My favorite part is the conclusion:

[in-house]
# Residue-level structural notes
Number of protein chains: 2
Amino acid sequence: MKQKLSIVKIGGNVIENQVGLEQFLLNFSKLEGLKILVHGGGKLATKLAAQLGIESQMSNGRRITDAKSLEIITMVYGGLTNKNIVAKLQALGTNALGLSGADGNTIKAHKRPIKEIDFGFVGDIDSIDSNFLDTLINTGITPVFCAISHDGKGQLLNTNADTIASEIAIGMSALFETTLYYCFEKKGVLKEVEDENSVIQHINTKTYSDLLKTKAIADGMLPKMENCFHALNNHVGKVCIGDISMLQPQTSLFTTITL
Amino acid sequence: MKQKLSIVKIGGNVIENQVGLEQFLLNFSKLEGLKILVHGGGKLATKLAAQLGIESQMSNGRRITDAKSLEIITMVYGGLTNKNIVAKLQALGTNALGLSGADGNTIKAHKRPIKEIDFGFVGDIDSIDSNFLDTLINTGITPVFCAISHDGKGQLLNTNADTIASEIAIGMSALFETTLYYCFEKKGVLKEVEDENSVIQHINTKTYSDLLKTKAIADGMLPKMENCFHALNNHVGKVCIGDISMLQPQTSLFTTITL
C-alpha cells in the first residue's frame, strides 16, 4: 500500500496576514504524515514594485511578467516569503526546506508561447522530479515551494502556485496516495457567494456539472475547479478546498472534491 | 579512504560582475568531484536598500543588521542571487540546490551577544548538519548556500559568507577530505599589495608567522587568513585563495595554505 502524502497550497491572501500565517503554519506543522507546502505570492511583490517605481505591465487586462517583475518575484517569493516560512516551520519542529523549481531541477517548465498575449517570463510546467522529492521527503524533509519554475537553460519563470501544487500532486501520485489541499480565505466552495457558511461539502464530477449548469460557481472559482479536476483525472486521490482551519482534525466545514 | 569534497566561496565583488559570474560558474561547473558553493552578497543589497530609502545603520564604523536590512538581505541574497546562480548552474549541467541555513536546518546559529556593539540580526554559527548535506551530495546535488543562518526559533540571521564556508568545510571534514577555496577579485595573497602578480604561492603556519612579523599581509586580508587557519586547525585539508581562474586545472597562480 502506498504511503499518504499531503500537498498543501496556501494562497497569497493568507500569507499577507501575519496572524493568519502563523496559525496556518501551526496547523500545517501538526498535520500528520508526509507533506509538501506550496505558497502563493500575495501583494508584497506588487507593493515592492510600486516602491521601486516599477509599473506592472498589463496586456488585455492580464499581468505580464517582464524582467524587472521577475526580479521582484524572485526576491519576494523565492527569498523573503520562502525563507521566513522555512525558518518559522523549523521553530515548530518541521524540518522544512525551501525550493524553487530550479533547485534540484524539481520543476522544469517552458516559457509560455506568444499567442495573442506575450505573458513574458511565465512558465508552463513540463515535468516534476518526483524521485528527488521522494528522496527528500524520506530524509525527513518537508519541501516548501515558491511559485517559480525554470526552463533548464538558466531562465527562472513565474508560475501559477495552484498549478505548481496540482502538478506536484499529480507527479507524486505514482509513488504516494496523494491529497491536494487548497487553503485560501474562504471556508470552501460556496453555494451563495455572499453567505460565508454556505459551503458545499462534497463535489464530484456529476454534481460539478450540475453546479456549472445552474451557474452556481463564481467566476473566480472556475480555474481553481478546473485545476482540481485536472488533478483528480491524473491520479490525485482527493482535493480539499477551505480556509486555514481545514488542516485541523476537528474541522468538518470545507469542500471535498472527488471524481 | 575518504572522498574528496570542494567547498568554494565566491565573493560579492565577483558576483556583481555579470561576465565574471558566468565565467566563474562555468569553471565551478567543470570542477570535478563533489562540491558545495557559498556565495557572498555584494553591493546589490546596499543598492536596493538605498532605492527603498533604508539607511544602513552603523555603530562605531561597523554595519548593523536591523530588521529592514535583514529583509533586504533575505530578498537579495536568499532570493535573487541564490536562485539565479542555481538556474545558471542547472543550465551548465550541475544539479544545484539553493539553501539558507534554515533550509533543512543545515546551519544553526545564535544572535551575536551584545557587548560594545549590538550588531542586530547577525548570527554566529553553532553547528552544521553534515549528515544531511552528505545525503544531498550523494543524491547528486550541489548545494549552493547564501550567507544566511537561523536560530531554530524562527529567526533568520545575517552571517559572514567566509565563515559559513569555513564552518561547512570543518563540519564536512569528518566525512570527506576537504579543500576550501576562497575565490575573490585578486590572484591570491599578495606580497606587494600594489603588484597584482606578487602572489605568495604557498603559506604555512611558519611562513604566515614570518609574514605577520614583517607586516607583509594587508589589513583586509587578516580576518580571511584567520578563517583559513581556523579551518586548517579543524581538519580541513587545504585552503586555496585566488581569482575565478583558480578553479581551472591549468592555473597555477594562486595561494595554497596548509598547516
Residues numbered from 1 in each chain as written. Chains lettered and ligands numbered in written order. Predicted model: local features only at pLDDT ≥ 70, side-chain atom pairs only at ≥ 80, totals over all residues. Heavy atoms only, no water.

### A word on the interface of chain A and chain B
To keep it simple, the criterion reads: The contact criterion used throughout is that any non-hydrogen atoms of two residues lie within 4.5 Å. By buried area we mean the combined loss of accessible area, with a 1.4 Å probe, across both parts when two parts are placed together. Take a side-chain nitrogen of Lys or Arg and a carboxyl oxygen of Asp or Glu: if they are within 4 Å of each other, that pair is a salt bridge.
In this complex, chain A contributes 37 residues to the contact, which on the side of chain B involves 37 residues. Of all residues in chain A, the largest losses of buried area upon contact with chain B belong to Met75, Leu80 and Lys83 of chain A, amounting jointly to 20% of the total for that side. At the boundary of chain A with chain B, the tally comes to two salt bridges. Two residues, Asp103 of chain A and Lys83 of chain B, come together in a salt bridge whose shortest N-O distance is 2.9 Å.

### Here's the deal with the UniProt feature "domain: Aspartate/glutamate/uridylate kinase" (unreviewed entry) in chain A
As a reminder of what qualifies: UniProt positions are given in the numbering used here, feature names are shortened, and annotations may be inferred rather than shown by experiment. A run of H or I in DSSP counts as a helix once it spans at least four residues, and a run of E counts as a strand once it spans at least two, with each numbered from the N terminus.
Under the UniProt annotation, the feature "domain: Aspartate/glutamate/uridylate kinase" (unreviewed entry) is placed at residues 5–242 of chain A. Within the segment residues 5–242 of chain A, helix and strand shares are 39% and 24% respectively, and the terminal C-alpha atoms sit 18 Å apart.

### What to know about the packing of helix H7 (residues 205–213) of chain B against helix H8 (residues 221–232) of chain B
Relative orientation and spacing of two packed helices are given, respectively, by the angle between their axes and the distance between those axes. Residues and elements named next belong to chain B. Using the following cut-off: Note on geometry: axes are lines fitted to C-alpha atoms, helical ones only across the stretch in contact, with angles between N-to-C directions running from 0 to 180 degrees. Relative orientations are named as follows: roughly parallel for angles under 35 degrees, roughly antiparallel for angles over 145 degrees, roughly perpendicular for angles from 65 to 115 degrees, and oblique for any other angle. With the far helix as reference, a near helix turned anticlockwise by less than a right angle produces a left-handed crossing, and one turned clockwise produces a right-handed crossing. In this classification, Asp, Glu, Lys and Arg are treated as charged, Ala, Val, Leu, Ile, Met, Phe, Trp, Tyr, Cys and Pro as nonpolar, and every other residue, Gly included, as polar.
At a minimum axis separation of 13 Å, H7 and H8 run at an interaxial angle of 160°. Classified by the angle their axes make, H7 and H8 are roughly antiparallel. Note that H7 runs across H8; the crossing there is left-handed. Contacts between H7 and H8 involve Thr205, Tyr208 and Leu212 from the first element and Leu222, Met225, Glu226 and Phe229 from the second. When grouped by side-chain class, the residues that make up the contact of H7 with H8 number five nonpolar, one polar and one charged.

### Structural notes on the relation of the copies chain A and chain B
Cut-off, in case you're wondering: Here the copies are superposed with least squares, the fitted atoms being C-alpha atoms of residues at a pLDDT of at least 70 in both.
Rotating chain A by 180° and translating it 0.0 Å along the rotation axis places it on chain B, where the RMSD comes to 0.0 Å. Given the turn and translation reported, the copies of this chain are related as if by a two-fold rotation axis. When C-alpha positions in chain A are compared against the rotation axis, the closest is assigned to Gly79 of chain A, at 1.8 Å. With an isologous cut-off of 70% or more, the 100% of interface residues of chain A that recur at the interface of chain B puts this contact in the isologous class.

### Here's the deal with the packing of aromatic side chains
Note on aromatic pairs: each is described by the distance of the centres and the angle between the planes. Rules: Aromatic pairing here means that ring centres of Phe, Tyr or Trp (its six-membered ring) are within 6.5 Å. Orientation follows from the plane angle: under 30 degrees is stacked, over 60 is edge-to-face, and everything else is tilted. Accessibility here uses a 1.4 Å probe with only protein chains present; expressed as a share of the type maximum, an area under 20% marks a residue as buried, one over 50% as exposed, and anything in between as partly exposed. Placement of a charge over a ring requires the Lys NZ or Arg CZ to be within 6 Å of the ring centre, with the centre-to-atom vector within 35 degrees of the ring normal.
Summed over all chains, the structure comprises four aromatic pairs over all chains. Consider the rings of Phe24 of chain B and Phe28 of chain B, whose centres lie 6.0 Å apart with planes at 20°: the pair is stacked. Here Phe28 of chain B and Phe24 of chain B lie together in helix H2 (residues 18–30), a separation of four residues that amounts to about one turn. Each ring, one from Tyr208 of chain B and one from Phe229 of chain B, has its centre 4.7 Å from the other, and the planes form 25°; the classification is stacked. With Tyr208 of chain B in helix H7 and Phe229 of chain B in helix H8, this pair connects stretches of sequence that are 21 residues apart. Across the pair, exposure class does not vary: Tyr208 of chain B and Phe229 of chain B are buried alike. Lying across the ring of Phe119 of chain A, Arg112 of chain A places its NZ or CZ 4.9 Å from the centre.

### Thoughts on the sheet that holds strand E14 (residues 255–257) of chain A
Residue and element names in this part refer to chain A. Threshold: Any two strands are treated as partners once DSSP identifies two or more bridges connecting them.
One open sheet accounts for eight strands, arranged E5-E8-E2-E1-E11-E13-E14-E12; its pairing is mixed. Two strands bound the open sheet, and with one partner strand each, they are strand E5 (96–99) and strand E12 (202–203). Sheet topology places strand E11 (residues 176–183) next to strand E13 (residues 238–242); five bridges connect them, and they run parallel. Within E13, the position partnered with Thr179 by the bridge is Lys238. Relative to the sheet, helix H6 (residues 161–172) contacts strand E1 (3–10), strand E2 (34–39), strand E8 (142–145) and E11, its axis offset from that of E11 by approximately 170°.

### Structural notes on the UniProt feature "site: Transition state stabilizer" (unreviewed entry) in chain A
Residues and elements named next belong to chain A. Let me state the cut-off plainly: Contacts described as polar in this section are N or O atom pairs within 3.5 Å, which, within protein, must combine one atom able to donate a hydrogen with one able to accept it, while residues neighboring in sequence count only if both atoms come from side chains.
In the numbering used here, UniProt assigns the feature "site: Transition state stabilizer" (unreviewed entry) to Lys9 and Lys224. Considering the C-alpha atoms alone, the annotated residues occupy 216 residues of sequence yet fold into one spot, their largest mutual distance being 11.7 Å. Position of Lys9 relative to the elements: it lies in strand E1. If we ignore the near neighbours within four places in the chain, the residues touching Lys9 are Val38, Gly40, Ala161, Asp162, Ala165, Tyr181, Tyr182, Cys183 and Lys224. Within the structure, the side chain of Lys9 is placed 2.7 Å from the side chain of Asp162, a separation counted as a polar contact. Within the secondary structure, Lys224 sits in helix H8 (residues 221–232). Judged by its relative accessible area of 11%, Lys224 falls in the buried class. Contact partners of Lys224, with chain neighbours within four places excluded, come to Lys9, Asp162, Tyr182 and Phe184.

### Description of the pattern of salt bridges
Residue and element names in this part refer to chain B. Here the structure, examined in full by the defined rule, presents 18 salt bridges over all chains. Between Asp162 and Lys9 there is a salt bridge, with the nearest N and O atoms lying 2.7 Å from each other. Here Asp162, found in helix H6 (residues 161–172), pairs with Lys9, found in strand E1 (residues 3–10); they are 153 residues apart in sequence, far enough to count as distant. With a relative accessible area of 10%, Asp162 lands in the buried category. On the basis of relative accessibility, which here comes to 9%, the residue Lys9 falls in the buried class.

Bruscino leads off his story by recalling the Four Chaplains—Methodist, Dutch Reform, Catholic, Jewish—who in February 1943, when their ship was torpedoed, handed off their life jackets to sailors and then locked arms in prayer as their ship plunged into the North Atlantic. It's impossible to read this without tearing up, and without reflecting, as Bruscino urges us to do, on how their example helped to make this a better country. A better country in many ways, but one that now is past, and the past is always, in L.P. Hartley's phrase, another country. We are the lucky inheritors, three generations later, of a country strengthened rather than weakened by an experience of total war, strengthened materially, geopolitically and, as Bruscino tells us, culturally. But our duty is to take our country in different directions from those in which the wartime experience took postwar America.Barone's review has been discussed by Arnold Kling at EconLog and Tim Kowal at Notes from Babel.